Throughout the night, we were rushing up and down 5 flights of stairs, from the Paed wards (at 1 end of the hospital) to the A&E (the other end), continuously. There was bleeps, LITERALLY, every 10 mins. Most of the time, it was to do Venflons and more venflons. Waking kids in the middle of the night, kids screaming for their mums to stop the doc when the needle pokes, or babies wail. If the SHO is lucky, just Venflon will do it. If not, 5 stabs are not uncommon. Some mothers can't stand to see the procedure, so they leave. So the SHO and I are the ones there. I try to distract the kid while the SHO does her job (coz they will HAVE to have a venflon no matter what), but I have to hold them down to stop them from struggling (esp the cerebral palsy kids) or from kicking the doc with the needle. It was heart-breaking, but I was rewarded with smiles before the stab, but sometimes, even giggles after that. Think I'll make a very good playmate. =p
Among these were 2 cases of fits. One was an 8 year old cerebral palsy kid, part of a set of triplets, the other two of whom were well, and the mother couldn't cope with the unwell one, so she fostered him out. Apart from giving lorazepam, the SHO couldn't do anything else, coz he is already on high dose phenytoin. 'Just keep him comfortable', she said.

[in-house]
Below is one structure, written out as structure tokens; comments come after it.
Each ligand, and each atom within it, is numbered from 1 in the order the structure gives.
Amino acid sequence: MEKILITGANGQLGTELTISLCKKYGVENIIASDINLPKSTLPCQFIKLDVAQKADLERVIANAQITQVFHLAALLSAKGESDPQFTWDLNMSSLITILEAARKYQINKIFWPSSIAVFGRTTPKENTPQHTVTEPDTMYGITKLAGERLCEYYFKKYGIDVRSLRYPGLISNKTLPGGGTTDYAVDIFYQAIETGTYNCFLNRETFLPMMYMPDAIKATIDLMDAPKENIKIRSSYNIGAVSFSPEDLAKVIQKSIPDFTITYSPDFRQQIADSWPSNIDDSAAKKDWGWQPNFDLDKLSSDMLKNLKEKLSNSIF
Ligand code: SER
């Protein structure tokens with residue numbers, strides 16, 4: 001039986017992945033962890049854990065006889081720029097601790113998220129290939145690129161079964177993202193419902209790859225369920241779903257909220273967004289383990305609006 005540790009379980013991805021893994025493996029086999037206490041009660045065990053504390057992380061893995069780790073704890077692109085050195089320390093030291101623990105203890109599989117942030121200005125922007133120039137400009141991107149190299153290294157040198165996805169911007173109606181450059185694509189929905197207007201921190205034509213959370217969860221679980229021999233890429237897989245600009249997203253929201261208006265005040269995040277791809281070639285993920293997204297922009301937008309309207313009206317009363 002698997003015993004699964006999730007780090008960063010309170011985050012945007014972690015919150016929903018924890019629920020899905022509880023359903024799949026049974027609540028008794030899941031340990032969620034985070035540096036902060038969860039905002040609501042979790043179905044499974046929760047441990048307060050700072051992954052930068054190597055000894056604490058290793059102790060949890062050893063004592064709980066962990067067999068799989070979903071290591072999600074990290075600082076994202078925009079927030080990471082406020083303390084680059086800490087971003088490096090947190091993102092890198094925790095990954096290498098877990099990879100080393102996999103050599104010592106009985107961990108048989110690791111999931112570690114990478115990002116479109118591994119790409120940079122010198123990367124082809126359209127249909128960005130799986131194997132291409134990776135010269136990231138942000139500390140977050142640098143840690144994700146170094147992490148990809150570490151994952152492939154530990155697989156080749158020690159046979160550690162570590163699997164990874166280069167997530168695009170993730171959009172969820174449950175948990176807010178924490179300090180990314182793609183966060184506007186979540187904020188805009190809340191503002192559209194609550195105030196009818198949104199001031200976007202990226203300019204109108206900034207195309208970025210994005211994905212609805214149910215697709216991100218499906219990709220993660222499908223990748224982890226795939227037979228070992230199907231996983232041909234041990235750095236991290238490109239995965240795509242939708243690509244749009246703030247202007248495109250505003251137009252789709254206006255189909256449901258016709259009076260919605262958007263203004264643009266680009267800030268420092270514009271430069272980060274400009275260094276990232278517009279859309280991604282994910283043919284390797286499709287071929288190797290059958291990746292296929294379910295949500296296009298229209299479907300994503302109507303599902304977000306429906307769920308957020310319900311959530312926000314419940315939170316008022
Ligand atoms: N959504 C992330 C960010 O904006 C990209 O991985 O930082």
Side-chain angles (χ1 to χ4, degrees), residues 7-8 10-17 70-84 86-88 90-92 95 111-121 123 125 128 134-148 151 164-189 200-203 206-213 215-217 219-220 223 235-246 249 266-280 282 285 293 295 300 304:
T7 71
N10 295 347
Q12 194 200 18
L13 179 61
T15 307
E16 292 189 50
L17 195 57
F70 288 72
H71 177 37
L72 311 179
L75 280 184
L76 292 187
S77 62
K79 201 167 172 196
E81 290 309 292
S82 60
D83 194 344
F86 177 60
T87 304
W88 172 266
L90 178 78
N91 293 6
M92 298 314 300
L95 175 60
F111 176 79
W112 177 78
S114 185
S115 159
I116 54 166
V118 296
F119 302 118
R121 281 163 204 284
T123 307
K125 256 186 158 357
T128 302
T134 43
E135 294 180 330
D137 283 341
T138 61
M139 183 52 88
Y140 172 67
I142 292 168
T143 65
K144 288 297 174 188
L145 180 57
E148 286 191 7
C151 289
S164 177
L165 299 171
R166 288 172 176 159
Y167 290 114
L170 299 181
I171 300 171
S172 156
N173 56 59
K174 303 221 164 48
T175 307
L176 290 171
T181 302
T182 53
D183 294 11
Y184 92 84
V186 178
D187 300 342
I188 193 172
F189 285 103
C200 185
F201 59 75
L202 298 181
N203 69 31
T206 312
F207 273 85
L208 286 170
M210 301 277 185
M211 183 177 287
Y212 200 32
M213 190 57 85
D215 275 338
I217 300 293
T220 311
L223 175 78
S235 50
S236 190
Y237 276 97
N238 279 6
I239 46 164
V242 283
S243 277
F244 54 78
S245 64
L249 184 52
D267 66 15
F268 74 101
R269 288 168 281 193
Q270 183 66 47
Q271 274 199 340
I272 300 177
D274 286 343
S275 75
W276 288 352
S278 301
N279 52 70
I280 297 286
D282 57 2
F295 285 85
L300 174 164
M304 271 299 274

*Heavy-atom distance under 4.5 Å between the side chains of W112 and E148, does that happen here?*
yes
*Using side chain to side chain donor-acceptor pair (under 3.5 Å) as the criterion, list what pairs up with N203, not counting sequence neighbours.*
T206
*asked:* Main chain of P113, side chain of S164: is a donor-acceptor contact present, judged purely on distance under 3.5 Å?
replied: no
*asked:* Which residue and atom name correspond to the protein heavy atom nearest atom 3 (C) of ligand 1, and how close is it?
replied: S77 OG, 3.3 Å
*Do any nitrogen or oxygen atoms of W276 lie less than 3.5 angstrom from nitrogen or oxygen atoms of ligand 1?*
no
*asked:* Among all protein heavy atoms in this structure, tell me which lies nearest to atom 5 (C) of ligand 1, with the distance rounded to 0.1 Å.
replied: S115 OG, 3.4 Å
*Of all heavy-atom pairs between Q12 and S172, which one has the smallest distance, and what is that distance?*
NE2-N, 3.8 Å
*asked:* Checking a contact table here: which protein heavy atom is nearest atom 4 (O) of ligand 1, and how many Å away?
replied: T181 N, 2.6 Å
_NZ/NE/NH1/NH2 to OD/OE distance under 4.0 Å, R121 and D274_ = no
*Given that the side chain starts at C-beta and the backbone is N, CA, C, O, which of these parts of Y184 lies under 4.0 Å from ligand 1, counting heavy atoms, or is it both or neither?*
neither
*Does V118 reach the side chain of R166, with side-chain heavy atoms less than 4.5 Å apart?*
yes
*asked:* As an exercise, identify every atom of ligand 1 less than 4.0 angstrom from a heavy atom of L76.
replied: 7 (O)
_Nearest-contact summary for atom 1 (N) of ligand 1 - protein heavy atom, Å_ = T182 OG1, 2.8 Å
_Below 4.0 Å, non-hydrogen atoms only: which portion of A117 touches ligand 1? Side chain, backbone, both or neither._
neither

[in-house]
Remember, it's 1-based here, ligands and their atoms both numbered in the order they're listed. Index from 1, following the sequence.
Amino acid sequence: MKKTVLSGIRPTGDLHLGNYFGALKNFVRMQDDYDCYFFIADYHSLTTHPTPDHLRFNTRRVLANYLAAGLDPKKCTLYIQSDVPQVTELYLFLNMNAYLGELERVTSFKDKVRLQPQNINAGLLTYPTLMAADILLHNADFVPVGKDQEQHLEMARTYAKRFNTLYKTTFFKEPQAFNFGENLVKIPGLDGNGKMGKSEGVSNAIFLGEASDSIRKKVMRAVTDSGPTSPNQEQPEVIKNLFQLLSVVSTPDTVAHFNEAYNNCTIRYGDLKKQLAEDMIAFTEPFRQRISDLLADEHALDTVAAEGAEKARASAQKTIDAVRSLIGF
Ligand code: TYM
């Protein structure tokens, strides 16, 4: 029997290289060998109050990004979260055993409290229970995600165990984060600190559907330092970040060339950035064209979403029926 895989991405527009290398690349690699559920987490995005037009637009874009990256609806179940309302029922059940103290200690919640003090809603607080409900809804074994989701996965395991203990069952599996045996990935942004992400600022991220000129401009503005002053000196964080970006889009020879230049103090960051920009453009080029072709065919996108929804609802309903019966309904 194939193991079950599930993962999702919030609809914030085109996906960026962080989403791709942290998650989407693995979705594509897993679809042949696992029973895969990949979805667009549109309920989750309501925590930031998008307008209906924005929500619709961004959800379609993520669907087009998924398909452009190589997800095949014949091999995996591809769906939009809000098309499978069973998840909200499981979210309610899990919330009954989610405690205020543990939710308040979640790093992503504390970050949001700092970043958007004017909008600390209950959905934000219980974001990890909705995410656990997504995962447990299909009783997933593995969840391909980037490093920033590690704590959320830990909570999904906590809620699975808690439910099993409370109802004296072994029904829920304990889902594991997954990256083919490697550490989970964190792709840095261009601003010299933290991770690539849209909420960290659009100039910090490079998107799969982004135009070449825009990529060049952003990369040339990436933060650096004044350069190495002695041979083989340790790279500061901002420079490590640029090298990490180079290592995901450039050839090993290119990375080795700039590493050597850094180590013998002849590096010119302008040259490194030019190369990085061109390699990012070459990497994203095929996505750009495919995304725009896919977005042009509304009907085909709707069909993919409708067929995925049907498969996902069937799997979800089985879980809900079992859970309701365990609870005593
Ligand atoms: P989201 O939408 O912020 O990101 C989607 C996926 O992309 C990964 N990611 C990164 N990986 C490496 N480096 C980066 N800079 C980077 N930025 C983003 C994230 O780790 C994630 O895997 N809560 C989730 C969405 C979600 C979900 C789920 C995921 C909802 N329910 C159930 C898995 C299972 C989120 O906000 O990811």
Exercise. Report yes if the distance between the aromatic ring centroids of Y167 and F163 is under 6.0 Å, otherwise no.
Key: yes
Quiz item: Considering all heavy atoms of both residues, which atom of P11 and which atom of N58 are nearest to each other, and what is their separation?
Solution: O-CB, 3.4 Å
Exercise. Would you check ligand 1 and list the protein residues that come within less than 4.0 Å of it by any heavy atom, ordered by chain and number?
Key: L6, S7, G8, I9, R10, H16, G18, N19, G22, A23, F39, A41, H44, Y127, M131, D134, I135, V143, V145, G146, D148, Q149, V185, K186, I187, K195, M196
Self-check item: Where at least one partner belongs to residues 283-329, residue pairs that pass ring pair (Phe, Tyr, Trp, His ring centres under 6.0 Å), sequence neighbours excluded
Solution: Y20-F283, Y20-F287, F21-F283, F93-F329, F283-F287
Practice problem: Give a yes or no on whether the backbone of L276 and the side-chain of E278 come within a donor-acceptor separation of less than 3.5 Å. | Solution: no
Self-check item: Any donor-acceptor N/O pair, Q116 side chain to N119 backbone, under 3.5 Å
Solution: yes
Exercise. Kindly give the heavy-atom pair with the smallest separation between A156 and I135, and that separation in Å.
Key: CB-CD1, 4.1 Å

The other was this 13 year old girl in the long stay ward (where all the ALL, PENTA and BMT kids stay). She has Hodgekin's lymphoma Type II and had just undergone chemotherapy earlier in the day. The SHO said that the fit was probably a side effect from the chemo, and she'll get lorazepam and try to keep her comfortable. Her father was there, and he was so distressed that he just broke down. He just felt so helpless. I guess, in a way, for a non-medical person, it's even more scary for your kid to have a fit, and u just dun understand what is happening and you don't know what to do. I felt so heartbroken for him.
The night was littered with many other small incidents, most of which I shall not mentioned here. Suffice to say, an SHO's job is not easy. Even the Paed HO seems to have an easier time of it. Considering the high possiblity that I might venture into Paediatrics, this H@N was a blessing in disguise. No doubt it was interesting, showing me more varied cases that I ever saw during my 6 week Paediatrics rotation in the same location, it also reinforced my resolution that it might actually be the right choice for me! (Yeah, yeah, lots of things count against me, but hey, the SHO didn't get as many smiles and giggles as I managed to elicit from the cuties! =))
This afternoon, I was in my housemate’s room, fiddling with his guitar. I’m so glad that I managed to tune it pitch-perfect. =) Was just strumming a couple of chords, and ended up composing some impromtu tunes there and then (which I asked my housemate to write some words to it). Only problem? The tunes are long gone from my mind (I have a huge problem with short-term memory), and he can’t remember the whole of it. Oh well, figured out another tune for him ‘Shakespeare in Love’, then started harmonizing with the CD in his stereo. Oh, it felt good. *Taralyn, star and wushu D – bring out the voices and the guitar!!
Now listening to Budakmentary by Budak Pantai. Acapella. Yummy.
Cleaned up my room today. Though it’s neat and tidy now, I can’t bring myself down to earth. I hate orthopedics. Bummer.